Zantac Lawsuit

Researching drug company and regulatory malfeasance for over 16 years
Humanist, humorist

Thursday, June 26, 2014

Hey Glaxo, Guess Who's Been Talking?

GSK Whistleblower Blair Hamrick & Bob Fiddaman

I started writing this blog back in 2006. I had some issues with the antidepressant drug manufactured and marketed by British pharmaceutical giant GlaxoSmithKline. I also had some issues with the way drugs were regulated in this country by the British drug regulator, the MHRA.

Eight years on and I have learned so much about GlaxoSmithKline... I learned more about them yesterday evening as I sat down to dinner with Blair Hamrick, one of the whistleblowers who blew the lid on Glaxo's fraud in the US, a blow which, after 11 years of legal wrangle, Glaxo settled for a record breaking $3 billion.

Blair is a very brave soul for going up against the company that he once worked for. His life is now back on track after Glaxo sacked him then muddied the waters so he couldn't get a job elsewhere in the pharmaceutical field. Yes, he was paid handsomely for his bravery and is now living a life that most could only dream of. 

Despite the publicity, fame and riches Blair is one of the most down to earth people you could ever wish to meet, a trait that became evident when he just couldn't bring himself to promote the antidepressant Wellbutrin off-label to doctor's.

Wellbutrin is an antidepressant and indicated to treat adults that are depressed. Blair, whilst working for GSK, was prompted by senior management to promote it off-label to doctors for treating children. He just couldn't bring himself to do that. One of the side effects of Wellbutrin is seizures and Blair envisaged kids going into seizure. "It was wrong, it wasn't indicated for kids and I just couldn't bring myself to tell doctor's it was okay for kids to take," Blair told me over a glass of wine in the plush settings of one of Westminster's finest hotels in London. "They also tried to market it as the happy-horny-skinny pill because they had learned through post marketing that patients taking it for depression were losing weight and reporting high sex drives." [increased libido] Wellbutrin was not indicated for this but the Glaxo marketing team came up with the "happy-horny-skinny pill" line so reps could convince doctors to prescribe it to patients who were overweight and also those who were experiencing a low sex drive [decreased libido]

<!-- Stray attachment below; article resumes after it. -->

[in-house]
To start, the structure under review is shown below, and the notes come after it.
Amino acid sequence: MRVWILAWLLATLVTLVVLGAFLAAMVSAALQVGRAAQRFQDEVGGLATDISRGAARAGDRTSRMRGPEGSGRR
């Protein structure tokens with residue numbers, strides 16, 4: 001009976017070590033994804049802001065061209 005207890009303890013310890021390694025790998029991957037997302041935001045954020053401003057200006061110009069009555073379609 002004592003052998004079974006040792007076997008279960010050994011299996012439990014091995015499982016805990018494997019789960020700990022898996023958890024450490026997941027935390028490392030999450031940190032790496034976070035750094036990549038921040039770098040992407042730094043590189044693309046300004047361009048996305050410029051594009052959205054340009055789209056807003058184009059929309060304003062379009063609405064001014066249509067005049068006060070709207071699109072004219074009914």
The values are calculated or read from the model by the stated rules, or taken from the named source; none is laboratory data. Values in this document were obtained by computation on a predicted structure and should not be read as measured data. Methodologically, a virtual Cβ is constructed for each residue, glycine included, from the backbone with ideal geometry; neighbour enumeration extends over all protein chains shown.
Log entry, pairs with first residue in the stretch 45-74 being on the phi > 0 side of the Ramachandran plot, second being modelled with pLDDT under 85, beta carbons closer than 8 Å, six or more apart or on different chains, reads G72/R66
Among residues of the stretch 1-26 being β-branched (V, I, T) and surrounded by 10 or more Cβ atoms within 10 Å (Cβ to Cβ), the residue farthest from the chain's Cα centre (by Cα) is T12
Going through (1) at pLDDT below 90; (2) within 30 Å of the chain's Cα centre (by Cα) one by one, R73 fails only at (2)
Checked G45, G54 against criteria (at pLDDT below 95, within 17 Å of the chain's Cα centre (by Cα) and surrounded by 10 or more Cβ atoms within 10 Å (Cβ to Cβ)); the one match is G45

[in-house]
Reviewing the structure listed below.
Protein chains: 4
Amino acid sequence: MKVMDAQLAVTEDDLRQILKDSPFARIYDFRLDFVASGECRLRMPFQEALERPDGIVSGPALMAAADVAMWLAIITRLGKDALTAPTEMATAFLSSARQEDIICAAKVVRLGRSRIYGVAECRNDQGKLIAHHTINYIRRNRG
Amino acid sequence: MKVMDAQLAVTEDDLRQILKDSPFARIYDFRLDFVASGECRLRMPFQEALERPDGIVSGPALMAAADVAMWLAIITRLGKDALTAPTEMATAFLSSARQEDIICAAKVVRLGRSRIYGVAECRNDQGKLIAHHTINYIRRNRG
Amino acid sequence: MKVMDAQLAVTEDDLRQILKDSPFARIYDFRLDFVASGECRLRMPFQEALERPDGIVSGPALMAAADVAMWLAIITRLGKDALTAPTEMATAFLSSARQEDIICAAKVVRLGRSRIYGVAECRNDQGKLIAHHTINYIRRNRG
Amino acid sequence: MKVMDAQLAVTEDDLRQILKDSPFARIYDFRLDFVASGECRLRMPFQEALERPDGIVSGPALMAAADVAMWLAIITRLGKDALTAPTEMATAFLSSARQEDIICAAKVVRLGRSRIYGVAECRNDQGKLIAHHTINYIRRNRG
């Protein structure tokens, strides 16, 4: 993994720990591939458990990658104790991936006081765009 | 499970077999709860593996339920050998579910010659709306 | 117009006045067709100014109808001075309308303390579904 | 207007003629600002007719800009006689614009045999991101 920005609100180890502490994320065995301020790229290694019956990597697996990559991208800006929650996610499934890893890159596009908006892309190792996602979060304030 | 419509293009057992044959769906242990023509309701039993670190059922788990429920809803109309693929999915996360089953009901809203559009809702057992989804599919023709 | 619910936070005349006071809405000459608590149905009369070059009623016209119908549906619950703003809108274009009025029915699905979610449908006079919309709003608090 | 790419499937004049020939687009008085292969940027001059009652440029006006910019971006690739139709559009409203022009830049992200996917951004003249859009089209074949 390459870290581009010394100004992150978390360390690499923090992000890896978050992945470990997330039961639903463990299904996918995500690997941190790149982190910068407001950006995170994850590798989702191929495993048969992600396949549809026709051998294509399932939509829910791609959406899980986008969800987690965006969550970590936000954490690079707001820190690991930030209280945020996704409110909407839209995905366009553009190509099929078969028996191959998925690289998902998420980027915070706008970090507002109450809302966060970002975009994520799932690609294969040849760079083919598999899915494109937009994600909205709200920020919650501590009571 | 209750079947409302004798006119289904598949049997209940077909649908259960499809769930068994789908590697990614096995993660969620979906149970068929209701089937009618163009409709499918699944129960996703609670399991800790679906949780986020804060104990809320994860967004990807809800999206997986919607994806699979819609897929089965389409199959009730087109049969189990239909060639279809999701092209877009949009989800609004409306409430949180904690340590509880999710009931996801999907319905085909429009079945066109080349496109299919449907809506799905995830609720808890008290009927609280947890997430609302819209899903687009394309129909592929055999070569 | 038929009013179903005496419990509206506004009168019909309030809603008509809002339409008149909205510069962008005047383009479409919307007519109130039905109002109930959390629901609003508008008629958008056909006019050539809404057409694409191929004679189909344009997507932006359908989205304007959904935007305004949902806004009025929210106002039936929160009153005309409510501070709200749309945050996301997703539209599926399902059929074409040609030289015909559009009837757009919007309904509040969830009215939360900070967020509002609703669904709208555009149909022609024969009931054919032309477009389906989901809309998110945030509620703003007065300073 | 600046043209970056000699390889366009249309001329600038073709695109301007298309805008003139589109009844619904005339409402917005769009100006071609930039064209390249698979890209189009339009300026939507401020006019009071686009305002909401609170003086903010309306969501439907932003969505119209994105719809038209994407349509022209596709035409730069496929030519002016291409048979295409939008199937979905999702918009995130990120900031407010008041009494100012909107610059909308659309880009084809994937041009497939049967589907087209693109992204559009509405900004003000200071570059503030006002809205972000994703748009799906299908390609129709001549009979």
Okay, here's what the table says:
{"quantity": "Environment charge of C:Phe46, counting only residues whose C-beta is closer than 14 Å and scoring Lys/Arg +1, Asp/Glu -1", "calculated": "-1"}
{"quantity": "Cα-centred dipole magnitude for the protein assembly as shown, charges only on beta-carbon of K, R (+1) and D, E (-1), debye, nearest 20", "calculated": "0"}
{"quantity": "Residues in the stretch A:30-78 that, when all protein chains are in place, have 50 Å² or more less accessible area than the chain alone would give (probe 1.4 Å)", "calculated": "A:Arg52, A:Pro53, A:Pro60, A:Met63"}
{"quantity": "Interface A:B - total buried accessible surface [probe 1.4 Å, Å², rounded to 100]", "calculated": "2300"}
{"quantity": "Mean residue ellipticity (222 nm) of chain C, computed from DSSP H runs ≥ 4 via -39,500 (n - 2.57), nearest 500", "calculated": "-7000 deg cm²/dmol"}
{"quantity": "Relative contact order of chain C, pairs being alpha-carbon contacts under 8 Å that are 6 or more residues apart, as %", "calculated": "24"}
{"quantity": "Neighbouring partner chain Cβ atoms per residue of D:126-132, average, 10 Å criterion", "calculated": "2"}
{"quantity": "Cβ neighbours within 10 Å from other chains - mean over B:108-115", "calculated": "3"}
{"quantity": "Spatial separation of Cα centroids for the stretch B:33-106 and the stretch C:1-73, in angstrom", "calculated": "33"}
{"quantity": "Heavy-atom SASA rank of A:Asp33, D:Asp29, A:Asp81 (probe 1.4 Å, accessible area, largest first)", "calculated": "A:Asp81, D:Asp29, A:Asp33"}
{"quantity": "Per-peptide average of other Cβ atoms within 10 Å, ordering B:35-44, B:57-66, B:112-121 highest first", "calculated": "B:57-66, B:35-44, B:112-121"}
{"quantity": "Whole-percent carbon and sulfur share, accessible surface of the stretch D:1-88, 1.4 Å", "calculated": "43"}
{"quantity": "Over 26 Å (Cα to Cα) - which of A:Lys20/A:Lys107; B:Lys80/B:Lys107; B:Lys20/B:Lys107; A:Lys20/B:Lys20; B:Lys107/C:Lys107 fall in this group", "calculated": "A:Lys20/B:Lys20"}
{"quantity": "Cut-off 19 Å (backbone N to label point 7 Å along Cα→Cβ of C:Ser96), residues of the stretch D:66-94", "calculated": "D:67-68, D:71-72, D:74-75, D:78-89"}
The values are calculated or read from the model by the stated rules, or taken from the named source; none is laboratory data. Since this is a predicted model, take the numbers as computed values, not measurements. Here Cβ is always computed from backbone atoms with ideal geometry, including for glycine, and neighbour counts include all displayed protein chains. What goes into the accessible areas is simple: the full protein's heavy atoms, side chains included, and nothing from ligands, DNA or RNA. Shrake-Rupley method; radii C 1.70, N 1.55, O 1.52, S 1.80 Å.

Blair also spoke about the doctors who were paid by GlaxoSmithKline, a staggering 48,000 doctors were paid speaker fees, attendance fees and given lavish gifts, all in an attempt to get them to prescribe more of Glaxo's drugs.

"We'd pay doctor's between $2-4000 to give a talk to other doctor's.
"6 or 7 doctors would be invited out for dinner, sometimes with their spouses in tow, they'd be wined and dined and then the speaker would talk about the wonders of drug a or b, of course these were off-label "wonders" - that's how Glaxo rolled.
"Our marketing team would send them a slide-show and a carefully scripted narrative so they could convince other doctor's that it was okay to prescribe a number of drugs off-label.